No Universal Healthcare; No more Kenya
I don’t now which genius came up with this quote. But the more I research and travel around Kenya covering stories. The more I realize, “Ignorance is bliss”. When you are unaware of the mess around you, the less you feel obliged to do more than just wake in the morning, eat, watch reality TV, work, eat, and watch more reality TV.
There are several issues dear to me. But one that hit home recently was the rather pathetic healthcare system that exists in Kenya. The hugest challenge is dealing with a populace that is completely apathetic to issues unless it hits them directly at home.
This could range from the death of a family member out of negligence, or a hospital’s refusal to attend to a relative because they didn’t have 2,000 shilling ($20) consultation fee to be assessed by a doctor. And secondly I have never actually known how to rally support and drive facts to the heart of the populace to a point of action.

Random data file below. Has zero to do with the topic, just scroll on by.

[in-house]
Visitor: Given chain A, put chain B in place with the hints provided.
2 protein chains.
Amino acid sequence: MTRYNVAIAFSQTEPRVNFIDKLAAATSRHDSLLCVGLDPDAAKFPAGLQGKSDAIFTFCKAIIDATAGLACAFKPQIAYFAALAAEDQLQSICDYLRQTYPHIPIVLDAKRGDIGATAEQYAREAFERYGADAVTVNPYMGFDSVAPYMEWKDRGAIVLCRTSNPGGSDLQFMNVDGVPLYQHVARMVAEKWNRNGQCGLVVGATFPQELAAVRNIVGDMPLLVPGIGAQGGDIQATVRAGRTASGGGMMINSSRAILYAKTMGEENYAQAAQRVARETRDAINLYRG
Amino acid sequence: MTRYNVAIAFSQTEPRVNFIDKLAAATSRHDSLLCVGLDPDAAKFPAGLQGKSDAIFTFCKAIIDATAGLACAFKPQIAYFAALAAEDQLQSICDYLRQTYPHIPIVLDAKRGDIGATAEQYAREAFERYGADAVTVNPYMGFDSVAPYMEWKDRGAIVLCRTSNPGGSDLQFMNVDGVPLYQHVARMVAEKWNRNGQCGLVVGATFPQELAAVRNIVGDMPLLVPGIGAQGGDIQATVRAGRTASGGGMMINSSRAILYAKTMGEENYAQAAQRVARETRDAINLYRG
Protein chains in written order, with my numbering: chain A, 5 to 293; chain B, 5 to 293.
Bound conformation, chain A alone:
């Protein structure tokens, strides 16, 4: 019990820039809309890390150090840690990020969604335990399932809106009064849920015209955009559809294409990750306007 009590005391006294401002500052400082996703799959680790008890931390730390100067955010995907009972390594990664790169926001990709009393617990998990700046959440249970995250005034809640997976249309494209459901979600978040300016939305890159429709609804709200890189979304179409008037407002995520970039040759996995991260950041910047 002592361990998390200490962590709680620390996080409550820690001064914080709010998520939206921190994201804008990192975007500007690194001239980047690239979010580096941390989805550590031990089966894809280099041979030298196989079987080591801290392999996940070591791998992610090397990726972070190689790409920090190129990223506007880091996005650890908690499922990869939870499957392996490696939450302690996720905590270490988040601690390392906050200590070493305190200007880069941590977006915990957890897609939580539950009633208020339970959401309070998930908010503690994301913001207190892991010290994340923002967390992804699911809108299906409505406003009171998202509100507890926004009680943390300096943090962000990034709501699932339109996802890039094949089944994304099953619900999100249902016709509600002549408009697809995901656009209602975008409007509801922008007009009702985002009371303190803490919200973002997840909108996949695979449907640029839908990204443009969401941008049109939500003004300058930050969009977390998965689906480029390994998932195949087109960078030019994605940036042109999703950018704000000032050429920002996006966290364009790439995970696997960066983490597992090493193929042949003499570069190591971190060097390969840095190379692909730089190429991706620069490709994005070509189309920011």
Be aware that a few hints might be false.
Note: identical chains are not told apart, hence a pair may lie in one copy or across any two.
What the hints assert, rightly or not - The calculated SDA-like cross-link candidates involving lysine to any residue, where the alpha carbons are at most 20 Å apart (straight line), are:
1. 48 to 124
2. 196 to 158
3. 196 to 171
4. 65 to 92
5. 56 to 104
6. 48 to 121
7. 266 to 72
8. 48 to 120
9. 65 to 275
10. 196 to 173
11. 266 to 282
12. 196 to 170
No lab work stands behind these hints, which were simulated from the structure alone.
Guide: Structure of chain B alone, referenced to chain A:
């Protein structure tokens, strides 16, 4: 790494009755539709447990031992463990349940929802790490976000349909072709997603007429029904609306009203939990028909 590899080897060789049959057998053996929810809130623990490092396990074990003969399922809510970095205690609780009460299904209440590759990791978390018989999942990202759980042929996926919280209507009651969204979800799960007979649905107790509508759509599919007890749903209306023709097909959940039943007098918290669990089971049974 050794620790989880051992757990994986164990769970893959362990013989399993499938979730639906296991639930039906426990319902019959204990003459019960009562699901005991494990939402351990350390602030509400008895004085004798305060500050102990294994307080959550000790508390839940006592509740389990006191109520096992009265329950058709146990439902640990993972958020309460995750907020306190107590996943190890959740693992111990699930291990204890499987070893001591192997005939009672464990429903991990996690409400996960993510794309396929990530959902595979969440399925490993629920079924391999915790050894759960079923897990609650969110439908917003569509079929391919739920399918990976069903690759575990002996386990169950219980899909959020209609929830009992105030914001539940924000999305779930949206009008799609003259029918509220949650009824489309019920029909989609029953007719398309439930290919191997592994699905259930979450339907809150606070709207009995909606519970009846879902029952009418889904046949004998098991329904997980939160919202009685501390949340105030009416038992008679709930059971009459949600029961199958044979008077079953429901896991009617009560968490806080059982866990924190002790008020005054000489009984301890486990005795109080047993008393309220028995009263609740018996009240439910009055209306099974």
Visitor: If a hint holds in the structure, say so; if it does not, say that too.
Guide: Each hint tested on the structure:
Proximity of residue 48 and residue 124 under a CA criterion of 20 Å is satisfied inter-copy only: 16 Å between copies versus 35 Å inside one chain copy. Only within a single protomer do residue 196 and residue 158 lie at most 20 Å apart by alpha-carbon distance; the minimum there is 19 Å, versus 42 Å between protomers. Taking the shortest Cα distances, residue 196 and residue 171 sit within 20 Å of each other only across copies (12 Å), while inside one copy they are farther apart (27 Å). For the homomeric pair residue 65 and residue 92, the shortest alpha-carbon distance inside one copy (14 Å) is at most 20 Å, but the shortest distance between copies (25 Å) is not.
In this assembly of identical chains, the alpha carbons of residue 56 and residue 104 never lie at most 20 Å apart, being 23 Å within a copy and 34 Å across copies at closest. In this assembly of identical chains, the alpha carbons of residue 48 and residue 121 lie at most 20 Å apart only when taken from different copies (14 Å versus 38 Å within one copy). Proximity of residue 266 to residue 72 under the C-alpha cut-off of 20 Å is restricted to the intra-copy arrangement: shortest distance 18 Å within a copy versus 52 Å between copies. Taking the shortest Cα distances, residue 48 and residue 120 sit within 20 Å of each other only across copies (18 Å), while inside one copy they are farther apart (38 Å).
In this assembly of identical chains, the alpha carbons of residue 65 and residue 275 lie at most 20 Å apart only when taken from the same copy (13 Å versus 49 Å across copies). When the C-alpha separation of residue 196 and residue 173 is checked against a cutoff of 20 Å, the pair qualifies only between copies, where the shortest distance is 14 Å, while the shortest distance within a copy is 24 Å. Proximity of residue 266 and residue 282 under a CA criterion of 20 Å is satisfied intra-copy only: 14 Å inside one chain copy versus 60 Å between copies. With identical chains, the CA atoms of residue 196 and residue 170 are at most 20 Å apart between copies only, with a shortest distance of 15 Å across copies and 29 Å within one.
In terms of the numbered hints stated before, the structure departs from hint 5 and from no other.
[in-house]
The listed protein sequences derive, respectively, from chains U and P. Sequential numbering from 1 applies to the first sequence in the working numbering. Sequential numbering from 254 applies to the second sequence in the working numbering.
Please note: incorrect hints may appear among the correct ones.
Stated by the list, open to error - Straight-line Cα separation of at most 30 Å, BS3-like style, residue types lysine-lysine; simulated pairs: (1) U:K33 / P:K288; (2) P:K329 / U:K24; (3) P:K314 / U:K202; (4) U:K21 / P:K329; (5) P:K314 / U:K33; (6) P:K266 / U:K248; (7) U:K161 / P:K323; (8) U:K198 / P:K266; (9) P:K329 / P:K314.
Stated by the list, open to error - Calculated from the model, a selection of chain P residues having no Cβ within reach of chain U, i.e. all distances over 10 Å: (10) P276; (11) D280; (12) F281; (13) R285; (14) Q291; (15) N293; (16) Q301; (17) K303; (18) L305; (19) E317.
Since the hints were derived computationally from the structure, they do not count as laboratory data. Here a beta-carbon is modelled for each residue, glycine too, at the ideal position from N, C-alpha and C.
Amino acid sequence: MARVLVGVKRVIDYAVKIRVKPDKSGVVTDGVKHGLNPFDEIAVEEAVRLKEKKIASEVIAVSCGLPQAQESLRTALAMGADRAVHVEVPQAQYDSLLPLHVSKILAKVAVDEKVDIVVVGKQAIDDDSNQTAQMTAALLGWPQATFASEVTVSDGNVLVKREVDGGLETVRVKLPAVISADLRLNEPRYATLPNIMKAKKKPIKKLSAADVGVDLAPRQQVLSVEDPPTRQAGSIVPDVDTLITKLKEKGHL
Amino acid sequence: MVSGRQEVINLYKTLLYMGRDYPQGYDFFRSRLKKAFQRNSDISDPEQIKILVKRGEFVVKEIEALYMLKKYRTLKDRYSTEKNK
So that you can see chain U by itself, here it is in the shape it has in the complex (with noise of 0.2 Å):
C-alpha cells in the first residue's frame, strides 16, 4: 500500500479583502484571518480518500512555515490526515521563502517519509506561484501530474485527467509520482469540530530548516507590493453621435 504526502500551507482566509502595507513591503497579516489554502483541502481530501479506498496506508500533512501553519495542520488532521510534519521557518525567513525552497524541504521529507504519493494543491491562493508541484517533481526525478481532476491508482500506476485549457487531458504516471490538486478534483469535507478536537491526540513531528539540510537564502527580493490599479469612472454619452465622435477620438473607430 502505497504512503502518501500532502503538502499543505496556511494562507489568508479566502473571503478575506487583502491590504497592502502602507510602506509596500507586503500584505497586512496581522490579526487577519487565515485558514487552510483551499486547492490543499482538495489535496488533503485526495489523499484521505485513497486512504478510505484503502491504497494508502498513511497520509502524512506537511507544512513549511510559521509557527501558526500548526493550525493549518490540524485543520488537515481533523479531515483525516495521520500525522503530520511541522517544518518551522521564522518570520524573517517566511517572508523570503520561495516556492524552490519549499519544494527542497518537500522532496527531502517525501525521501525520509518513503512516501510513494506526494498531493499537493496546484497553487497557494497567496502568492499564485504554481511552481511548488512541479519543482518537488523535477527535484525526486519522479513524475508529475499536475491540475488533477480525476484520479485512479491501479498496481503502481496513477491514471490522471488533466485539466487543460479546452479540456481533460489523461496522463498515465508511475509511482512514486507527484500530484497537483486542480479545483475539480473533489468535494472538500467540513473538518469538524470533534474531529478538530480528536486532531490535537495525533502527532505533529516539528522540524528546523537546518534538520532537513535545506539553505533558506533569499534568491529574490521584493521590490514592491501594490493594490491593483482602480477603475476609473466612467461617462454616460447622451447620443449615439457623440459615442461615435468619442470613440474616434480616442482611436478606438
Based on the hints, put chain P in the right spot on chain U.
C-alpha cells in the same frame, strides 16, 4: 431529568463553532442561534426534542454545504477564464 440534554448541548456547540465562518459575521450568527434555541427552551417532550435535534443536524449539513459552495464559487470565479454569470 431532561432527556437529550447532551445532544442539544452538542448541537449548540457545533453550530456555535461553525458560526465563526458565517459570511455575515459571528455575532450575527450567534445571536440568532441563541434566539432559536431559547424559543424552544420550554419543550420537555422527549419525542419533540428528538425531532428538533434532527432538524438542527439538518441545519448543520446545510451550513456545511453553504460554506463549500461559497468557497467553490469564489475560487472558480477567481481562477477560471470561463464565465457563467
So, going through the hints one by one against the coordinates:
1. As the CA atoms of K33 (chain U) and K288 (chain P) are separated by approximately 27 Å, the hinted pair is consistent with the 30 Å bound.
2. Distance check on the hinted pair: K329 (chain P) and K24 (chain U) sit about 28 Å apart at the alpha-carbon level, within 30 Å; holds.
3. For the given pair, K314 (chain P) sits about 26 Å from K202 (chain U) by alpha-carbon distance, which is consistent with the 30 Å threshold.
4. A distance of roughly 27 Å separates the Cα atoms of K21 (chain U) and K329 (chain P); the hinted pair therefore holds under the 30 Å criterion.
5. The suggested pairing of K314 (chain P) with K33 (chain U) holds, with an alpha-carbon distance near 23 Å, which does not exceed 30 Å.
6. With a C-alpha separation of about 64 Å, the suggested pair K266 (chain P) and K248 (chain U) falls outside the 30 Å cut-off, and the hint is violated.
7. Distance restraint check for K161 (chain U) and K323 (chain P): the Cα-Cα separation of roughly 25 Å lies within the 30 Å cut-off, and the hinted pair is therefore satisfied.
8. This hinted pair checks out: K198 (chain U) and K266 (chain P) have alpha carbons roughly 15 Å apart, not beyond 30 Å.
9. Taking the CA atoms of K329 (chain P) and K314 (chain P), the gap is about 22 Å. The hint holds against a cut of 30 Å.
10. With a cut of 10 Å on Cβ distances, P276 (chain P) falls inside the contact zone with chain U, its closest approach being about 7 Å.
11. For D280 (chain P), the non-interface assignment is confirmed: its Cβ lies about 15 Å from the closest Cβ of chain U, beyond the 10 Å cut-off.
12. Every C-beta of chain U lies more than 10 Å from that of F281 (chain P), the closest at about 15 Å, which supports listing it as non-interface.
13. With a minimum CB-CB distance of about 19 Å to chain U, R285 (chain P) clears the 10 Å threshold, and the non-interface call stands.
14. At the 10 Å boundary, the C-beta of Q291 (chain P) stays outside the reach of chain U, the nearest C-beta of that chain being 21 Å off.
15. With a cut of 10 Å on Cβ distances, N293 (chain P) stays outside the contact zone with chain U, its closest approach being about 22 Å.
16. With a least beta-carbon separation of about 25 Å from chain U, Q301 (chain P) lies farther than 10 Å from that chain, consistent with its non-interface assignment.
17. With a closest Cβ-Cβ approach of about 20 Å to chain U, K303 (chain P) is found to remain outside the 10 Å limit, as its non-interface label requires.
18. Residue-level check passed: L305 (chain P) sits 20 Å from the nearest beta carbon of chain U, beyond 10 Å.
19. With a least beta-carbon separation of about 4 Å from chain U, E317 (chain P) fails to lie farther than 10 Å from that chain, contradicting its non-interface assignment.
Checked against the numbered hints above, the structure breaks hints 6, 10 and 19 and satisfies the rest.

I know how to write the story that will provide accountability. My concern is how to actually keep it in the face of the general public to exert pressure to the ruling elite who have vested interest in private health insurance firms as opposed to Universal Healthcare.
I am really fascinated by how much I can do through Pulsewire. Right now I am scheming through the group directory to see any groups that have dealt with the issue I am pursuing. And push for Universal Healthcare and demand the revision of private health insurance policies. And demand accountability from Kenya’s National Health Insurance Scheme. The Kenyan model is a tussle between the mammoth American HMO system and a weak version of UK’s NHS system.
I am also scheming through the resource exchange list to see what and who is out there who can provide insight and direction on how to go about this. And once I have all that information I intend to post Action Alerts.
But before I burn the midnight oil doing all of this I really want to ensure that what I do online will be able to translate on the ground in Kenya. I am completely fed up of the situation in the country. And I really want the quality and accessibility of universal healthcare to be available to every single one of our 40 million strong population.